“It’s certainly going to help the economy of the region,” said Dennis. “My hope is that we can diversify the economy and provide tourism opportunities for visitors.”



elena.rardon@albernivalleynews.com

Like us on Facebook and follow us on Twitter

BamfieldUVic

Get local stories you won't find anywhere else right to your inbox.
Sign up here

Just Posted

The Millstone River in Nanaimo. (News Bulletin file photo)
Regional district looks at value of Nanaimo’s natural assets

Report focused on the Millstone River could inform future decisions on corporate asset management

Protesters gather along the Pearson Bridge on Terminal Avenue in downtown Nanaimo last month as part of an event called Worth More Standing. (News Bulletin file photo)
LETTER TO THE EDITOR: B.C. hasn’t managed forests properly

Protesters opposing logging in Fairy Creek speak for many British Columbians, say letter writers

Nanaimo singer Victoria Vaughn recently released an EP with local producer Austin Penner. (Photo courtesy Taylor Murray)
Nanaimo singer and recent VIU grad releases EP about becoming an adult

Victoria Vaughn’s ‘Growing Pains’ recorded with local producer Austin Penner

The B.C. Centre for Disease Control has listed Harbour Air and Air Canada flights to and from Nanaimo, from April 3, 4 and 12, on its list of flights with COVID-19. (News Bulletin file)
COVID-19 cases reported for Air Canada, Harbour Air flights, says disease control centre

Nanaimo flights for April 3, 4 and 12 listed on BCCDC’s list of flights with COVID-19

Rebates through Clean B.C.’s Better Homes New Construction program are available, says the City of Nanaimo. (Vancouver Island University photo)
Energy-efficient home builds in Nanaimo eligible for up to $15K in rebates

All building permits issued on, or after, April 1, 2020 eligible, says City of Nanaimo

Pat Kauwell, a semi-retired construction manager, lives in his fifth-wheel trailer on Maxey Road because that’s what he can afford on his pension, but a Regional District of Nanaimo bylaw prohibits using RVs as permanent dwellings, leaving Kauwell and others like him with few affordable housing options. (Chris Bush/News Bulletin)
Housing crunch or not, it’s illegal to live in an RV in Nanaimo

Regional District of Nanaimo bylaw forcing pensioner to move RV he calls home off private farm land

Deputy Prime Minister and Minister of Finance Chrystia Freeland responds to a question during Question Period in the House of Commons Tuesday December 8, 2020 in Ottawa. The stage is set for arguably the most important federal budget in recent memory, as the Liberal government prepares to unveil its plan for Canada’s post-pandemic recovery even as a third wave of COVID-19 rages across the country. THE CANADIAN PRESS/Adrian Wyld
Election reticence expected to temper political battle over federal budget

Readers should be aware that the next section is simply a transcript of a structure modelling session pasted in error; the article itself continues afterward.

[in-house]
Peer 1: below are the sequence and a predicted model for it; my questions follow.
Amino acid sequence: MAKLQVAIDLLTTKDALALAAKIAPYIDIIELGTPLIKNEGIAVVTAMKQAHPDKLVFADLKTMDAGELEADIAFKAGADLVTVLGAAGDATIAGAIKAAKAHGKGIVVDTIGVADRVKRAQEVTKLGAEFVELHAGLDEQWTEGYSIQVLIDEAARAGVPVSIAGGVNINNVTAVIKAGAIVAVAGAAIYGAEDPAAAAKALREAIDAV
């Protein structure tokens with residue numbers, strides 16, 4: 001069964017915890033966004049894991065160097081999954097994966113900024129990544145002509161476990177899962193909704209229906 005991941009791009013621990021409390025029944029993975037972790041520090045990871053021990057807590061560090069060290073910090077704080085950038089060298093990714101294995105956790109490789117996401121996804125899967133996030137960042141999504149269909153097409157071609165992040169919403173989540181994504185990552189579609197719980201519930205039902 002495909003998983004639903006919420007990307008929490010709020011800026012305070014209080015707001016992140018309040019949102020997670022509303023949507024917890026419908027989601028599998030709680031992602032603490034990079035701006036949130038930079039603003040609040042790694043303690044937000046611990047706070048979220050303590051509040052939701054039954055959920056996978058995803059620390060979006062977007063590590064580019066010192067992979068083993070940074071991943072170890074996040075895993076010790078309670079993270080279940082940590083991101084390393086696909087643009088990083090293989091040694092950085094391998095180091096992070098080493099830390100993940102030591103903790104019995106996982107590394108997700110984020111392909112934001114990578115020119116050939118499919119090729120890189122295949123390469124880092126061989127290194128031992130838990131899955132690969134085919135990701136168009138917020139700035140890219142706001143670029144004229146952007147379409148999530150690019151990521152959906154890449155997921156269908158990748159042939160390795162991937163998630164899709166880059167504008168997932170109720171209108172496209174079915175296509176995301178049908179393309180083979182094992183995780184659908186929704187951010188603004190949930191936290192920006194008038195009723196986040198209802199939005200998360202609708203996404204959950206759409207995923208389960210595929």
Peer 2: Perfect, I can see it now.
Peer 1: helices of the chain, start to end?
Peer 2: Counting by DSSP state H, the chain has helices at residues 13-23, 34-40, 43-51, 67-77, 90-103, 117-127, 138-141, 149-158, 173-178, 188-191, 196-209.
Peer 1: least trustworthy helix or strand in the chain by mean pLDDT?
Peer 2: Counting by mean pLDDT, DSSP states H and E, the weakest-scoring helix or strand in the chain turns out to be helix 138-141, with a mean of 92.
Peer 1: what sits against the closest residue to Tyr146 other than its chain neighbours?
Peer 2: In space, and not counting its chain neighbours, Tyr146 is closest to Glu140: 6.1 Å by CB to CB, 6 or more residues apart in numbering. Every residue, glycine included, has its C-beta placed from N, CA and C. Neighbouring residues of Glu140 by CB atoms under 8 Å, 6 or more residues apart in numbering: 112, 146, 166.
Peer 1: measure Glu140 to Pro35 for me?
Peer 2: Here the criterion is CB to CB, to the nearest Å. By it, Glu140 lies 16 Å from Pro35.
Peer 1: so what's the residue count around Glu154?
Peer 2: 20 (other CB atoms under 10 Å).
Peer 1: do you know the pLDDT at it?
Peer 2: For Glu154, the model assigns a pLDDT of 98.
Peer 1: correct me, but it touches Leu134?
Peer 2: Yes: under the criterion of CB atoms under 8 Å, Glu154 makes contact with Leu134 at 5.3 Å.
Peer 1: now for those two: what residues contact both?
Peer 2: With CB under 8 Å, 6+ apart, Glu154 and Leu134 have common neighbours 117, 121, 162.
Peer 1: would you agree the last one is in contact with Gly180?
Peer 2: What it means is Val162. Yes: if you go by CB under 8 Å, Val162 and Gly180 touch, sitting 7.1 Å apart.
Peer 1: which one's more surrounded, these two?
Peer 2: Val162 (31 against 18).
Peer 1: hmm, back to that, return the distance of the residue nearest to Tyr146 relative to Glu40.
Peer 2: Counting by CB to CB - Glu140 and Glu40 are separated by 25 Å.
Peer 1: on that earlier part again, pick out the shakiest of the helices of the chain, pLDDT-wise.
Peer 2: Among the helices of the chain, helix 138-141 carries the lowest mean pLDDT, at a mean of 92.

Opposition parties have laid out their own demands in the weeks leading up to the budget

Noel Brown, Snuneymuxw First Nation carver, observes the house post he carved, which now is situated in front of the Kw’umut Lelum centre on Centre Street in Nanaimo. (Karl Yu/News Bulletin)
House post representative of work of Kw’umut Lelum in Nanaimo

Snuneymuxw First Nation artist Noel Brown’s carved red cedar house post unveiled Friday, April 16

(Black Press file photo).
UPDATED: Multiple stabbings at Vancouver Island bush party

Three youths hospitalized after an assault in Comox

A syringe is loaded with COVID-19 vaccine at a vaccination clinic run by Vancouver Coastal Health, in Richmond, B.C., Saturday, April 10, 2021. THE CANADIAN PRESS/Jonathan Hayward
B.C. to open up COVID vaccine registration to all B.C. residents 18+ in April

Registration does not equate to being able to book an appointment

Russ Ball (left) and some of the team show off the specimen after they were able to remove it Friday. Photo supplied
Courtenay fossil hunter finds ancient turtle on local river

The specimen will now make its home at the Royal BC Museum

Selina Robinson is shown in Coquitlam, B.C., on Friday November 17, 2017. British Columbia’s finance minister says her professional training as a family therapist helped her develop the New Democrat government’s first budget during the COVID-19 pandemic, which she will table Tuesday. THE CANADIAN PRESS/Darryl Dyck
B.C. finance minister to table historic pandemic-challenged deficit budget

Budget aims to take care of people during pandemic while preparing for post-COVID-19 recovery, Robinson said

Each spring, the Okanagan Fest-of-Ale is held in Penticton. This year, as a result of the COVID-19 pandemic, the festival will not be held. However, beer is still available. How much do you know about this beverage? (pxfuel.com)
QUIZ: How much do you really know about beer?

Put your knowledge to the test with this short quiz

Lord Tweedsmuir’s Tremmel States-Jones jumps a player and the goal line to score a touchdown against the Kelowna Owls in 2019. The face of high school football, along with a majority of other high school sports, could significantly change if a new governance proposal is passed at the B.C. School Sports AGM May 1. (Malin Jordan)
Power struggle: New governance model proposed for B.C. high school sports

Most commissions are against the new model, but B.C. School Sports (BCSS) and its board is in favour

Most Read